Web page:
The Ultimate Green Spring-Cleaning Guide

Spring-Clean Your LifeHere's everything you need -- and need to know -- to get your house
sparkling, without the usual chemicals.

Plus: Get a Green Home

Using a soft, slightly dampened cotton cloth, work from ceiling to floor in each room. Pay special attention to the areas you can't see, such as the tops of door and window frames, high shelves, and ceiling-fan blades, which are often neglected.


Clean window blinds and baseboards with the vacuum dust-brush attachment. For curtains and furniture, use the upholstery attachment. To avoid damaging delicate curtain fabrics, turn the vacuum's suction to low.

Wash throw pillow covers, unlined curtains, and bedding (including pillows, duvets, and mattress pads) following the instructions on care labels. Send lined curtains to the dry cleaner (check the Yellow Pages for a "green" dry cleaner in your area). Freshen items that can't be laundered by hanging them on a line in the sunshine for a couple of hours.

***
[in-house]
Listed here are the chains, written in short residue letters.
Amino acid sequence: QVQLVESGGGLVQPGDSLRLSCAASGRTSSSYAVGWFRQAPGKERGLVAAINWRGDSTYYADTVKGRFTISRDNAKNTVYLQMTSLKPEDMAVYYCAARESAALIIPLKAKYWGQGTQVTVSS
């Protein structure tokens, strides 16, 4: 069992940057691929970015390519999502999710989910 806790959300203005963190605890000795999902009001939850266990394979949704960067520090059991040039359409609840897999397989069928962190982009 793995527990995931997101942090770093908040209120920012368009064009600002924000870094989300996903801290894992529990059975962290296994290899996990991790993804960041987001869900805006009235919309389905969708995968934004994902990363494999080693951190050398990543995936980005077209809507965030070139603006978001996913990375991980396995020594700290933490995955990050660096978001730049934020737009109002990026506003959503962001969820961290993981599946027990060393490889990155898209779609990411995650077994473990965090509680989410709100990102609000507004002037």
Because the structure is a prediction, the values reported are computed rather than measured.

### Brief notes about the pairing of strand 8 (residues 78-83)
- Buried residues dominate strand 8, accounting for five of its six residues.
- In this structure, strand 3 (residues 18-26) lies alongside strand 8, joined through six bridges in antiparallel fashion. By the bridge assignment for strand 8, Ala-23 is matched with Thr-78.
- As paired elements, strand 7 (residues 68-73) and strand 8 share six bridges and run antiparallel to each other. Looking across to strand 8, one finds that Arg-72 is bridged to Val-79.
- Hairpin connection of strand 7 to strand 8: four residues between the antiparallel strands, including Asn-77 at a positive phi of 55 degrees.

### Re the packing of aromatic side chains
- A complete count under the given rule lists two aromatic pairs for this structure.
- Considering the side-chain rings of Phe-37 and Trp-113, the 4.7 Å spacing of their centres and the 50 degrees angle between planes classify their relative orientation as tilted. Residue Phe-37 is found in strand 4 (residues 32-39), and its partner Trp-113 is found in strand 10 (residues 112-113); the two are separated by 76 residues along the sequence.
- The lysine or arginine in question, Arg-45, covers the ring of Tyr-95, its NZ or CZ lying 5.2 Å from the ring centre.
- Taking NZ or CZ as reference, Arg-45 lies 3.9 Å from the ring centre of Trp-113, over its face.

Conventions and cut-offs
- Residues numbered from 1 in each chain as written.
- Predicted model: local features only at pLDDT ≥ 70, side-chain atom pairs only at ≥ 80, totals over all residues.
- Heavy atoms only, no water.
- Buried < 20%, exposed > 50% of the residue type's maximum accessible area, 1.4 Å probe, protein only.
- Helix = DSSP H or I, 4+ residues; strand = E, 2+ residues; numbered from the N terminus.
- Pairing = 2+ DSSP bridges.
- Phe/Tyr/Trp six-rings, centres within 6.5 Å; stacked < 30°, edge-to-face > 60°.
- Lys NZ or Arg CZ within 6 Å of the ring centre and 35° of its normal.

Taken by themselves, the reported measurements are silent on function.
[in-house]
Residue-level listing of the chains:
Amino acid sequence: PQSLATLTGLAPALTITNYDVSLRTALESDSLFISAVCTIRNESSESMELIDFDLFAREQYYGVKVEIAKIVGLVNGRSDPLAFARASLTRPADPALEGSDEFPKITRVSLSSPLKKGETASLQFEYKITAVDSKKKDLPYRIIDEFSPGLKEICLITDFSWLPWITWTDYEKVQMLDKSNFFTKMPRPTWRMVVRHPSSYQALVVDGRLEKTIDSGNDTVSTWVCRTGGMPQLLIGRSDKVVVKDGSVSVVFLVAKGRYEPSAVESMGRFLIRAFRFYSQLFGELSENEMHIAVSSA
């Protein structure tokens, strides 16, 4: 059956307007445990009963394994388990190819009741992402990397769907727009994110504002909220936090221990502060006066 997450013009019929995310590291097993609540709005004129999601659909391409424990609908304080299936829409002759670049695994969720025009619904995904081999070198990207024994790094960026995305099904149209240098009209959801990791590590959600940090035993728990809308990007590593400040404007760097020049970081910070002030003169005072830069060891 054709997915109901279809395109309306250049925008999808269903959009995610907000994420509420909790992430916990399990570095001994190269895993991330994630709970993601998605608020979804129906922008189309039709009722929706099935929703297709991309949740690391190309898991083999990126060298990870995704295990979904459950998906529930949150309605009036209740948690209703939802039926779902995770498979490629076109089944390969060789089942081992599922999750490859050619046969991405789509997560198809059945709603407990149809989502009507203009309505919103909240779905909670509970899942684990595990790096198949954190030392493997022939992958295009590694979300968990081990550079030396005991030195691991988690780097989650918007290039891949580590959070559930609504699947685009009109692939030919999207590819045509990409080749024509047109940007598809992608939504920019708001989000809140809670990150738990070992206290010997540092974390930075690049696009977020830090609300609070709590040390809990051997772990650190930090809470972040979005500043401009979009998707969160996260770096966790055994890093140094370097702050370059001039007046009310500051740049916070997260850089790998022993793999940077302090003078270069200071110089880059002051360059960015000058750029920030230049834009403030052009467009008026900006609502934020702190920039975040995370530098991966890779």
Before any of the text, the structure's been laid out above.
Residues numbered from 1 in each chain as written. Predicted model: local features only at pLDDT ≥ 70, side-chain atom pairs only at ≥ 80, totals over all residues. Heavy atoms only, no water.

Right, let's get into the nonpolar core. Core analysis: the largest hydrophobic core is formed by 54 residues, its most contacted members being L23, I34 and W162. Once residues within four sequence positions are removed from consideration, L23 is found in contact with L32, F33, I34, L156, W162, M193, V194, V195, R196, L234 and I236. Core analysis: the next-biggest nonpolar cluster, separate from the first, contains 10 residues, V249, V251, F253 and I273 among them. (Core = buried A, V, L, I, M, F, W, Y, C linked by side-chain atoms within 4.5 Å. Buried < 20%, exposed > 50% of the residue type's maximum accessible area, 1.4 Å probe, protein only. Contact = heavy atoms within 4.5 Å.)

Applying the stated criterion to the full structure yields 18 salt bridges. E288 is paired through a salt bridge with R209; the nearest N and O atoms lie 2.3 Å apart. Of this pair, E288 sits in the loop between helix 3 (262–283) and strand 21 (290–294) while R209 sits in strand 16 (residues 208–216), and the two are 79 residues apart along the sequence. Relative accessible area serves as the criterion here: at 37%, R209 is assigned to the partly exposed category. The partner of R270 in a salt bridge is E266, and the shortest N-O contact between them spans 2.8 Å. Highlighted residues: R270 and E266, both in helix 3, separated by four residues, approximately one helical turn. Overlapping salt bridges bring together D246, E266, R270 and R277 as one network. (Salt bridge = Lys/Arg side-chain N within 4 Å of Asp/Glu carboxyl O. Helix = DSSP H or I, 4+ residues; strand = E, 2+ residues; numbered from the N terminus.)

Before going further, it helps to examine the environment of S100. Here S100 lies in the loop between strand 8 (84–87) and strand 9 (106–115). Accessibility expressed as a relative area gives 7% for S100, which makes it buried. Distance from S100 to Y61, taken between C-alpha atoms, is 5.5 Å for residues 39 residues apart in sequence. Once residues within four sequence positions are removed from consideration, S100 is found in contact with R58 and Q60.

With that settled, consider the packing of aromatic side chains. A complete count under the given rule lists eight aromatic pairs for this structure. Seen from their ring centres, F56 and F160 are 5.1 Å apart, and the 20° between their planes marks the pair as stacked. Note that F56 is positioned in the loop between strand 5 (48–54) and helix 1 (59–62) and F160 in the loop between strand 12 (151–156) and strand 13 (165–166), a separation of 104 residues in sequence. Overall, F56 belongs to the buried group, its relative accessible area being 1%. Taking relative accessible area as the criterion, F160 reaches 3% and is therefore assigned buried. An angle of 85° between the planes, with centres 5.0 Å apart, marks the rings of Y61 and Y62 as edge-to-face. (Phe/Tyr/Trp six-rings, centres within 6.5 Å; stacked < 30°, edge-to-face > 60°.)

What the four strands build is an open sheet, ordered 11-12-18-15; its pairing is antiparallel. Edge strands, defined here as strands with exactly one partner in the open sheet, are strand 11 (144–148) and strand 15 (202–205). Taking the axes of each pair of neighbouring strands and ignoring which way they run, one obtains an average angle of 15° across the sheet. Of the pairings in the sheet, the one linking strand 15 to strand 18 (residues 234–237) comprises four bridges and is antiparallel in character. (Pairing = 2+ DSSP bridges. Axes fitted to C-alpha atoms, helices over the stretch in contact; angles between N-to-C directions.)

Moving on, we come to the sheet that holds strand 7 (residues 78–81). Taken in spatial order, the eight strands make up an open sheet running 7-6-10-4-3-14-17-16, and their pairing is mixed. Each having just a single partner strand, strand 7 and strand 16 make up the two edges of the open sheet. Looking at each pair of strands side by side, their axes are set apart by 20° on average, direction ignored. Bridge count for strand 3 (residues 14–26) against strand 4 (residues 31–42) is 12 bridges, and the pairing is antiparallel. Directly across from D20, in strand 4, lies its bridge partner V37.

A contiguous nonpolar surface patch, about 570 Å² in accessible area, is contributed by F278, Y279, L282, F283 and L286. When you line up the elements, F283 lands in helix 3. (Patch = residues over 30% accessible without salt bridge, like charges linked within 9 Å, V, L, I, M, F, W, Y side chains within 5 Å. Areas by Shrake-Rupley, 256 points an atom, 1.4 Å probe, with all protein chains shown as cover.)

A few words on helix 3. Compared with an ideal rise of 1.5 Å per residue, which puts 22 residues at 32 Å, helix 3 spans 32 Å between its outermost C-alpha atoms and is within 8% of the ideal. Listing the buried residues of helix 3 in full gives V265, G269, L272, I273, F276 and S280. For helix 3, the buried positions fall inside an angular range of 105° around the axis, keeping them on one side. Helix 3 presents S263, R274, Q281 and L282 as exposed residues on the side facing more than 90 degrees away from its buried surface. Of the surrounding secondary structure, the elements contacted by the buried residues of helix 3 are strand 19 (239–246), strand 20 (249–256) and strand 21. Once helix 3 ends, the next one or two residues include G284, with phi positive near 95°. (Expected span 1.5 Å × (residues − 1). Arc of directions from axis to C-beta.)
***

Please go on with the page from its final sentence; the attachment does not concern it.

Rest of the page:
Plus: The Best Green-Cleaning Products

Washing Windows
Start by brushing exterior windows and frames with a soft brush to dislodge dirt and grime. Then, scrub windows with a large sea sponge and a solution of one part hot water and one part white vinegar. Finish by drawing a squeegee down the windowpanes in long, overlapping strokes. Repeat the process inside, first laying old towels along the windowsills to catch the drips.

Cleaning Light Fixtures

Gently wipe cooled bulbs with a soft cloth dampened with nontoxic glass cleaner or a mixture of equal parts hot water and white vinegar. Always spray the cloth, rather than the bulb, to avoid damaging it. Wash the glass shades of interior and exterior light fixtures in a solution of hot water and a few drops of mild dishwashing liquid and dry thoroughly. Dust lampshades with a clean, dry paintbrush: Flick the dust downward and wipe it up with a damp cloth.

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Read More:
Martha Stewart's Spring-Cleaning Basics

Green Your Bathroom Space

Organic Gardening Tips